Conveniently located directly across from the city cemetery, Ramsey Funeral Home has ghosts coming and going.
The century-old mansion has been the last stop for numerous town residents, and some just don’t want to leave. In fact, many have Risen. But all the spirits who visit are not friendly. One is the ghost of a long-dead child killer and cannibal. The murderer has taken over the soul of Karl Ramsey, the mysterious mortician who runs Ramsey Funeral Home.
Adam Ramsey, Karl’s nephew and heir to the family estate through his grandfather, returns to his hometown, only to relive ghostly childhood memories. He seeks to discover if the terrible rumors about his uncle are true. Adam teams up with a woman whose eight-year-old daughter has disappeared to find out what is happening.
Nothing, however, can prepare them for what they will discover.
What inspired you to write this particular story?
The cemetery inspired me most of all, as I lived right next door. I was constantly seeing funerals, more than I had imagined would occur regularly.
How much of yourself is hidden in the characters in the book?
There is a lot of me in Adam, with the childhood memories and such. I grew up enduring nightmares almost nightly, and it slowed down a little in adulthood. I could sympathize with Adam at having to return to his childhood, one that would have just as soon forgotten.
How long did it take you to write your book?
It took a little more than a year to write the first draft of Risen, as I was still working a full time job at the time. I did all my writing in the middle of the night after work, before going to bed and sleeping until after lunch, only to wake and do it all over again.
Did you do any research for the book? If so, how did you do it? (searching Internet, magazines, other books, etc.)
This particular novel demanded a lot of research. I knew nothing of the actual processing of the deceased, and the preparations that take place to ensure a respectful send off for loved ones. So that took up a lot of time. I wanted to make sure I went into that project knowing exactly what I was talking about.
How do you develop and differentiate your characters?
I usually begin with figuring out just what characters are going to be needed for a novel, and I let it grow form there, as demand for others ensue. I make character profiles for all my characters, and kind of resume for each person. Later, they usually grow on their own.
What has changed for you personally since you wrote your first book?
I think what has changed the most since writing my first novel is my writing style. Risen was my second novel, and as I wrote it, I noticed immediately the changes in style, overall the elements of sentences and paragraphs. But this is normal if you write on a regular basis. Your own style begins to emerge, and you write with more ease.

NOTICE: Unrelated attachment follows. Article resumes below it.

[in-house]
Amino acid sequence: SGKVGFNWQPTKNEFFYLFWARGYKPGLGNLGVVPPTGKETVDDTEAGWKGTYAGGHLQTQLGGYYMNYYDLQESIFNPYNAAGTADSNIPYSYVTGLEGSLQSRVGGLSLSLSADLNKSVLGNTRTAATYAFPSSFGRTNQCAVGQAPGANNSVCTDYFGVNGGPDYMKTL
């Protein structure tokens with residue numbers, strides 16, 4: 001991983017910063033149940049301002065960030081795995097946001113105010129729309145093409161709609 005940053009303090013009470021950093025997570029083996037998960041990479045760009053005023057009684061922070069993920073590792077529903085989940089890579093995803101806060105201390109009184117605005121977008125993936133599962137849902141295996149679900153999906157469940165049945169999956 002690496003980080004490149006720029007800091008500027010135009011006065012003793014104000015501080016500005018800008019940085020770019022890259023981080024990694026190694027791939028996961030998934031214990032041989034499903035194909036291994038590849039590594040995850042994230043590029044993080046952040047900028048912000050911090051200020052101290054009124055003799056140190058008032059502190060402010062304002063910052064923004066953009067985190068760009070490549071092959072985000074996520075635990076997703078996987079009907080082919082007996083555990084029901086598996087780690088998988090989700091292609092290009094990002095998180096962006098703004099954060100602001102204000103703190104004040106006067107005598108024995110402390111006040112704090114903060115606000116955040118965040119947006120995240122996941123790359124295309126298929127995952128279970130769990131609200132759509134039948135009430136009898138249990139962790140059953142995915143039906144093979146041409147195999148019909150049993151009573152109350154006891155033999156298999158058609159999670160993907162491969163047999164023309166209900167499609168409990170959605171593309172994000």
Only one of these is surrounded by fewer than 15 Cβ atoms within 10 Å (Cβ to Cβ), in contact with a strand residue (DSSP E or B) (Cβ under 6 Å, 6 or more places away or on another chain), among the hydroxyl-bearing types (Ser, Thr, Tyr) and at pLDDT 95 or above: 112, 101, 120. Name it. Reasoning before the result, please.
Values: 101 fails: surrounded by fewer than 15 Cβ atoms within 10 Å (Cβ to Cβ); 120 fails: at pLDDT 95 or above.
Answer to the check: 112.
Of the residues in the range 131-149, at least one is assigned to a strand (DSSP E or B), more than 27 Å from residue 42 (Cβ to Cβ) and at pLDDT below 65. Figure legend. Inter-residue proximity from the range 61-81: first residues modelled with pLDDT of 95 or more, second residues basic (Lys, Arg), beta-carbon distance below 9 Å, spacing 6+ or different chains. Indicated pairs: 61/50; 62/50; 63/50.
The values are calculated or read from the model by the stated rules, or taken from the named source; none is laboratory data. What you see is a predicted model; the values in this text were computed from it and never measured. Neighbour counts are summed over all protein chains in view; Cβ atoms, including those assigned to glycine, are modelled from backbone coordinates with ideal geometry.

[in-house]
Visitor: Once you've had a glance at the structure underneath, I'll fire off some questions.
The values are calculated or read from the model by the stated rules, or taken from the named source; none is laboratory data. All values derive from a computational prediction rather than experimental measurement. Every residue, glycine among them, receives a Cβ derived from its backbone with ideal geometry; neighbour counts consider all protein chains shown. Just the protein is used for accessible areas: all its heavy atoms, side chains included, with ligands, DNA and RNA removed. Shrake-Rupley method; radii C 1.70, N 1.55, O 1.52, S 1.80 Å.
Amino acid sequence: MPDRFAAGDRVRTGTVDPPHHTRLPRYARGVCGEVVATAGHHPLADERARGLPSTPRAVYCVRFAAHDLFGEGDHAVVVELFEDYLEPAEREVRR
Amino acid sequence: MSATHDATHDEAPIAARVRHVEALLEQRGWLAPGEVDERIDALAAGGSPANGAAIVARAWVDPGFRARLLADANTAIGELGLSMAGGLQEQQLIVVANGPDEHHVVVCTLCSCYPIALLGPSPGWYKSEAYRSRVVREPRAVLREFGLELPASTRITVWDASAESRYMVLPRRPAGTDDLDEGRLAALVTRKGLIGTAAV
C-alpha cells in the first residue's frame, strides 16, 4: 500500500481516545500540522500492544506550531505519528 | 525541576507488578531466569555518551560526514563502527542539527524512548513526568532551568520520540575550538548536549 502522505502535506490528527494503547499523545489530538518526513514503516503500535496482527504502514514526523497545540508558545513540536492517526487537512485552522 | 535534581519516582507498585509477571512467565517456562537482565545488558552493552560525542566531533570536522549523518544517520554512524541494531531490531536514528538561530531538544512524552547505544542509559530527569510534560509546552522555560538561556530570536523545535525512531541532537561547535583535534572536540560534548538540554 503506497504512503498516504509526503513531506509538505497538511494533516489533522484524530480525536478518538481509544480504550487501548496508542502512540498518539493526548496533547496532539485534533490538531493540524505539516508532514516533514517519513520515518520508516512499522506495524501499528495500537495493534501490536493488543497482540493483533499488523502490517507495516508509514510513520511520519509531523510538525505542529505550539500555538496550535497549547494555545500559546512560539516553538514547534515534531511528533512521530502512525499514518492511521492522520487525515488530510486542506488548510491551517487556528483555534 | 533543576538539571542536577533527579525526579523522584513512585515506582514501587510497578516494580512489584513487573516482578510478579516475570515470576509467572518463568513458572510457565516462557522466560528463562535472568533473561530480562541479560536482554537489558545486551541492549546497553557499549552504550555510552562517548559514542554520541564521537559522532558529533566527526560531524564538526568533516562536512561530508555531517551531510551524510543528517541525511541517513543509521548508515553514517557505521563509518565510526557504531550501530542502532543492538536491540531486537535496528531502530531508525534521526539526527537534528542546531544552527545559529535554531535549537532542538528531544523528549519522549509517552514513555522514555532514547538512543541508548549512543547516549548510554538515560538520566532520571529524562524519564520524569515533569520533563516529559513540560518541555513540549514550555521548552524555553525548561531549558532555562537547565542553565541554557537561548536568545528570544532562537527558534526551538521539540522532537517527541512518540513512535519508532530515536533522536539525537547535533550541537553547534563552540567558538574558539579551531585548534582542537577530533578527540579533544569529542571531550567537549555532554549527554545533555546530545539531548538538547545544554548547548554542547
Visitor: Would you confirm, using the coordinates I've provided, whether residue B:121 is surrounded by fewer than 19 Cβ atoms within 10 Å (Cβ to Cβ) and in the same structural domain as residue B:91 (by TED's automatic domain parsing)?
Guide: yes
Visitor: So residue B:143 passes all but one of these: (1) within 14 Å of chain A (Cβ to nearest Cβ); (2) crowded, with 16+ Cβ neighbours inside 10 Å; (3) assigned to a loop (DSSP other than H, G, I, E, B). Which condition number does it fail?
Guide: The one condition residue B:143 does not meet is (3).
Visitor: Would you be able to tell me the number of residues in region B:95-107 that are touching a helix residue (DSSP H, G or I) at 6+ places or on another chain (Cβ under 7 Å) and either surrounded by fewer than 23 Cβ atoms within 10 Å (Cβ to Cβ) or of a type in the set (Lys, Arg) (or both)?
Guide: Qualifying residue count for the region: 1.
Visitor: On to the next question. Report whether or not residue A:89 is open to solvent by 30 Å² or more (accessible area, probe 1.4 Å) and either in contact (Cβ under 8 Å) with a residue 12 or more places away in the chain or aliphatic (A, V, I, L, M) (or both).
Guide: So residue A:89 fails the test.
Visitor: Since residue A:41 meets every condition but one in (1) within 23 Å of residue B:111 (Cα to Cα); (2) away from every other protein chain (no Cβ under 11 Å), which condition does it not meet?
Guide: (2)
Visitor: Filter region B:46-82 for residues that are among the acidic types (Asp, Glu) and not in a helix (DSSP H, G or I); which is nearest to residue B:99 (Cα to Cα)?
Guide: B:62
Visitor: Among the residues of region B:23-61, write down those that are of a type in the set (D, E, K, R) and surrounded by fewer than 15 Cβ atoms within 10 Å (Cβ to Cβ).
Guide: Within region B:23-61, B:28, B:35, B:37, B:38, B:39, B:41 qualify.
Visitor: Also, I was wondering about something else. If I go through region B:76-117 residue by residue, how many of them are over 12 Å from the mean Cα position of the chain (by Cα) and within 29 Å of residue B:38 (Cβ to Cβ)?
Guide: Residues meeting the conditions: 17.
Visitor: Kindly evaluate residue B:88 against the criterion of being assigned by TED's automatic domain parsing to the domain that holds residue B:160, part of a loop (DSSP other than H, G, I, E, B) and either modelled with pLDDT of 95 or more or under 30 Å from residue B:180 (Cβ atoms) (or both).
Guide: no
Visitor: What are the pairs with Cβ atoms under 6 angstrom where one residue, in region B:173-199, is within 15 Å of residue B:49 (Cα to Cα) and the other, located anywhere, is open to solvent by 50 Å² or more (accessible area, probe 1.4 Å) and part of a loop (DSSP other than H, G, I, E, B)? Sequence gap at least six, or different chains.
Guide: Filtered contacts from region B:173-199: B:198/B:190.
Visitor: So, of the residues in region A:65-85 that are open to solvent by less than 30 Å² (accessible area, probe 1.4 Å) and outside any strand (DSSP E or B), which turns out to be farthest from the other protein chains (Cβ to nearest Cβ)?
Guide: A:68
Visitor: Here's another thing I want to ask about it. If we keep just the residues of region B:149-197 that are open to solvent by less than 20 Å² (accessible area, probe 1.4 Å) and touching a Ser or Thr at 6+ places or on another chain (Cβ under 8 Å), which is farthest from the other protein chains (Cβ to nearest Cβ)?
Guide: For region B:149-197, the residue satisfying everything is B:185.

What are you working on right now?
Right now, I am working on several different projects. I completed an anthology called Door 13 around the same time as Risen, so I only need to do some revisions and editing to prepare it for publishing. I am also working on a new novel called Dark Asylum, and another anthology called From The Shadows. I really love the short stories, and I expect many more to come.
Does writing come easy for you?
Writing has always come fairly easy to me, but don’t let anyone fool you – writing a book is no easy task. There is a lot of work involved in writing, and I think that is why a lot of new writers give up too quickly. If you really want to write something significant, you must have what I like to call “sticktoitness.”
Who gave you the best writing advice you ever received and what was it?
The one person who gave me the best writing advice I ever had did not actually give it to me, but to anyone and everyone who asks, and that is Stephen King. Long before I heard his advice, I had notice just how important these things were, and how they applied to my writing. The advice was: read and write a lot. It is simply true. Keep reading constantly, and write as much as you can. And never get too discouraged. If you set out to write something, and finished it, good or bad, you are a success.
Where can people learn more about your books?
To learn more about my books and future projects, my web site is Writerdavidrhodes.com. All the information you need is there.